Limitations in Estimating Critical Closing Pressure by Noninvasive Blood Pressure Measurements
To the Editor:
We read with interest the article by Aaslid et al, describing the dynamic pressure-flow velocities relationships in the human cerebral circulation.1 The authors help to validate estimates of critical closing pressure (CCP) based on regular heartbeat data against long diastole determinations. They also suggest that filtering of the radial blood pressure data using Fourier transform techniques could produce more accurate estimates of CCP. However, they only used the average of four intermediate values out of eight values for the correlation test, which studied estimates derived from Fourier technique filtering and long diastole data. Although the Fourier transform techniques reasonably lessen the pressure waveform distortion in peripheral arteries, these techniques potentially produce a higher value of variance.2,3 We wonder whether the correlation would continue be as good if the average of all eight values had been used.
The more interesting issue is whether CCP could be assessed with sufficient accuracy by entirely noninvasive arterial blood pressure (ABP) measurements. We believe that inaccuracy in absolute value should be an intrinsic limitation to noninvasive methods. Therefore, assessing the changes induced by hemodynamic challenges could be a more sensible approach than using a single CCP estimate to evaluate cerebral autoregulation. We have attempted to estimate CCP respectively by using finger plethysmography (Portapres, TNO-BMI) and by using tonometry over radial arteries (Colin Model 7000).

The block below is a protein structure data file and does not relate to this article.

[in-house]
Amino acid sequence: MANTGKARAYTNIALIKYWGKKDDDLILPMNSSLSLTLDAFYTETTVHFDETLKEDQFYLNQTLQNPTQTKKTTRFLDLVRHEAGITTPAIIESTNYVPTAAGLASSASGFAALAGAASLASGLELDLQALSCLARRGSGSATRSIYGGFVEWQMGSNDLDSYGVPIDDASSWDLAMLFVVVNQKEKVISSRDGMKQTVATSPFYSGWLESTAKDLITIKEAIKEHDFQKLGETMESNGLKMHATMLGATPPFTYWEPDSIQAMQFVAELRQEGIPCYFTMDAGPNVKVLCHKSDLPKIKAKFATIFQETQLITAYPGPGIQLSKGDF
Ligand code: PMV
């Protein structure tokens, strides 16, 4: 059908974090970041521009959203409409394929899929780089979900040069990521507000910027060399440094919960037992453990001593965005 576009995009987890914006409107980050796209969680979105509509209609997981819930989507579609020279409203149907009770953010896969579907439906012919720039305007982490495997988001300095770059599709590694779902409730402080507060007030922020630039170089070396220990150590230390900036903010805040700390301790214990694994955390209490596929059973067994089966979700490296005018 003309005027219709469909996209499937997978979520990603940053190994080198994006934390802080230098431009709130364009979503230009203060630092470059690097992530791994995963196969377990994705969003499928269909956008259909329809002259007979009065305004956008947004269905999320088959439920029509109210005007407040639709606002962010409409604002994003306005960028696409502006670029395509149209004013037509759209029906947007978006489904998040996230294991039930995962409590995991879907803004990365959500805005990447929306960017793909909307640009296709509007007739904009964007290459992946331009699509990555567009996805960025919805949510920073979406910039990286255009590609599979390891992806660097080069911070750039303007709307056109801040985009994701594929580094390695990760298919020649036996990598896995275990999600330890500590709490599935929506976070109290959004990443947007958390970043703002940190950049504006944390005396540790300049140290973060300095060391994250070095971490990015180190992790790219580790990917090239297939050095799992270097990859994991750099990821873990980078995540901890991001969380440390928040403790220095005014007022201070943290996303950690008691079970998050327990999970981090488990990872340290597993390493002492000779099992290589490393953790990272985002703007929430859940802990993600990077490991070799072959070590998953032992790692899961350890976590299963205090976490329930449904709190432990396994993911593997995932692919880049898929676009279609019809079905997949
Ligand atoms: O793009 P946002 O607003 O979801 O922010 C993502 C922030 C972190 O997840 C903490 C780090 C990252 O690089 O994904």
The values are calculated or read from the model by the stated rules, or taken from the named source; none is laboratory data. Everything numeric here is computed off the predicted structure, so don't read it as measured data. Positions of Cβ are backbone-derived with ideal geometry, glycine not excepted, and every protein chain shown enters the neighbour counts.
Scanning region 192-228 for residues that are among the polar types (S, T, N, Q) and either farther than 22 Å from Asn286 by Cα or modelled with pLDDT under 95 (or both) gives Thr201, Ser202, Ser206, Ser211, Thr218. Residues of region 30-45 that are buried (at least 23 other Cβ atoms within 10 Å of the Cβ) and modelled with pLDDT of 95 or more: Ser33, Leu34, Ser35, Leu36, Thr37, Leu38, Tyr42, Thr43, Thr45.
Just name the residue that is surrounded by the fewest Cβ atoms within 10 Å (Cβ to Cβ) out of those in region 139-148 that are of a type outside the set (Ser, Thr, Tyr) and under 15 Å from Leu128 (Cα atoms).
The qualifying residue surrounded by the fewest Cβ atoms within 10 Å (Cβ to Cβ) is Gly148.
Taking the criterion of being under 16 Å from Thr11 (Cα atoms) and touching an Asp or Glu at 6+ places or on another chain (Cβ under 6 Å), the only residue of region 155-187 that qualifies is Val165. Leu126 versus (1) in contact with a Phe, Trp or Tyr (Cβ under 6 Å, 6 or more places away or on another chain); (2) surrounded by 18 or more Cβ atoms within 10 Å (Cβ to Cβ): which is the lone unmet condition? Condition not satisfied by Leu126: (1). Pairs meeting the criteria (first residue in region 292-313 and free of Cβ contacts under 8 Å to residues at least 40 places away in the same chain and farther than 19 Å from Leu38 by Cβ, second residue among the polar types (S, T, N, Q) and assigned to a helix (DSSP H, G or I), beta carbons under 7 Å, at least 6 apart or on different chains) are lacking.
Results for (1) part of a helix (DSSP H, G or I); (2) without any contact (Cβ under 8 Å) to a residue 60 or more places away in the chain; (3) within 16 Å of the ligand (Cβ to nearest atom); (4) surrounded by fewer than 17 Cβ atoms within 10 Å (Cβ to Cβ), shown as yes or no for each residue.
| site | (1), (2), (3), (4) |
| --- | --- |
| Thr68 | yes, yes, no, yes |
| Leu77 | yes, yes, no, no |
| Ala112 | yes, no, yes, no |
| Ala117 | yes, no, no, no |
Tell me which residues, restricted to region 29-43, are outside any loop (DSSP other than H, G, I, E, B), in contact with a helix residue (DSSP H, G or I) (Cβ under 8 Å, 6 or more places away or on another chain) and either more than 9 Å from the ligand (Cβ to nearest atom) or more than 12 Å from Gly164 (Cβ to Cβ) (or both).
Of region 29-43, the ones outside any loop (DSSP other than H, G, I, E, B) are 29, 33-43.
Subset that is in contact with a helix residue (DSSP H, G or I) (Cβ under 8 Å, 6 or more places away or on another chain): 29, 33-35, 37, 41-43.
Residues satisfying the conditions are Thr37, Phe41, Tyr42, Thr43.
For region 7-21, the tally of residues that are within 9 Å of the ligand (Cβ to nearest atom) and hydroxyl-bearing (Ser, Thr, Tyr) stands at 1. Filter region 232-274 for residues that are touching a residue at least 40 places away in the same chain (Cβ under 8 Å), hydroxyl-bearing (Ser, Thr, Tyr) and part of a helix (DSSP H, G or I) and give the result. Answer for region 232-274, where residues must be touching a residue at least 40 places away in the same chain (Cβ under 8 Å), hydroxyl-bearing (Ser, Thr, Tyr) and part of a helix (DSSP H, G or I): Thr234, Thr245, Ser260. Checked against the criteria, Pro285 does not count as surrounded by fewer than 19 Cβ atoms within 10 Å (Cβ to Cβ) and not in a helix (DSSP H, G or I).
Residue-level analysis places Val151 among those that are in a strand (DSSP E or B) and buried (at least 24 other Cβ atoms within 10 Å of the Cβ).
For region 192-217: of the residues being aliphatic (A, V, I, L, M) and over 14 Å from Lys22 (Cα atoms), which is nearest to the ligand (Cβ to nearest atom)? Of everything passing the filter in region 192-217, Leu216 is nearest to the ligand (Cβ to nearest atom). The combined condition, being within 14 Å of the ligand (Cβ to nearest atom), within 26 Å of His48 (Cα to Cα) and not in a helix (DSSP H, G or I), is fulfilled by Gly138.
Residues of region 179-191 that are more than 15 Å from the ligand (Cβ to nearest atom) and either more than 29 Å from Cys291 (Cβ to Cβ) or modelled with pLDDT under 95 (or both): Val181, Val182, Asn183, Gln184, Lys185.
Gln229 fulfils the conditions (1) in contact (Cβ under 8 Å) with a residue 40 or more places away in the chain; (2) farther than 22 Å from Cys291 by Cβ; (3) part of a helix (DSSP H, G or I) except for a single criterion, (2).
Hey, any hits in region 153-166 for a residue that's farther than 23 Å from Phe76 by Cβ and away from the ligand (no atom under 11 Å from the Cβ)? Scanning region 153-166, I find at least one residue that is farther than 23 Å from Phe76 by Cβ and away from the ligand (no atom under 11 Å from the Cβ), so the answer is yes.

Twenty healthy young adults (ages 19 to 25; 11 female) were instructed to breathe 5% CO2 at a normal rate and to hyperventilate at a respiratory rate of 30 breaths per minute, both under continuous transcranial Doppler monitoring and ABP measuring. An analogue signal representing the peak velocity envelope of the middle cerebral artery (CBFV) and the 2 ABP signals were fed via an analog-to-digital converter (BNC2070 and 6020E, National Instruments) at a sampling rate of 200 Hz to an IBM-compatible computer and saved digitally on the hard drive for later analysis. CCP was calculated by performing the same linear regression analysis of the instantaneous ABP and CBFV waveforms as described by Aaslid et al.1 For analysis of hemodynamic responses to 5% CO2 and hyperventilation, average values over a period of a selected respiratory cycle (5 to 8 cardiac cycles) were used in order to avoid the influence of respiration. A nonparametric Wilcoxon signed rank test was used to compare the differences in CCP and mean, systolic, and diastolic ABP between different methods of ABP measurement.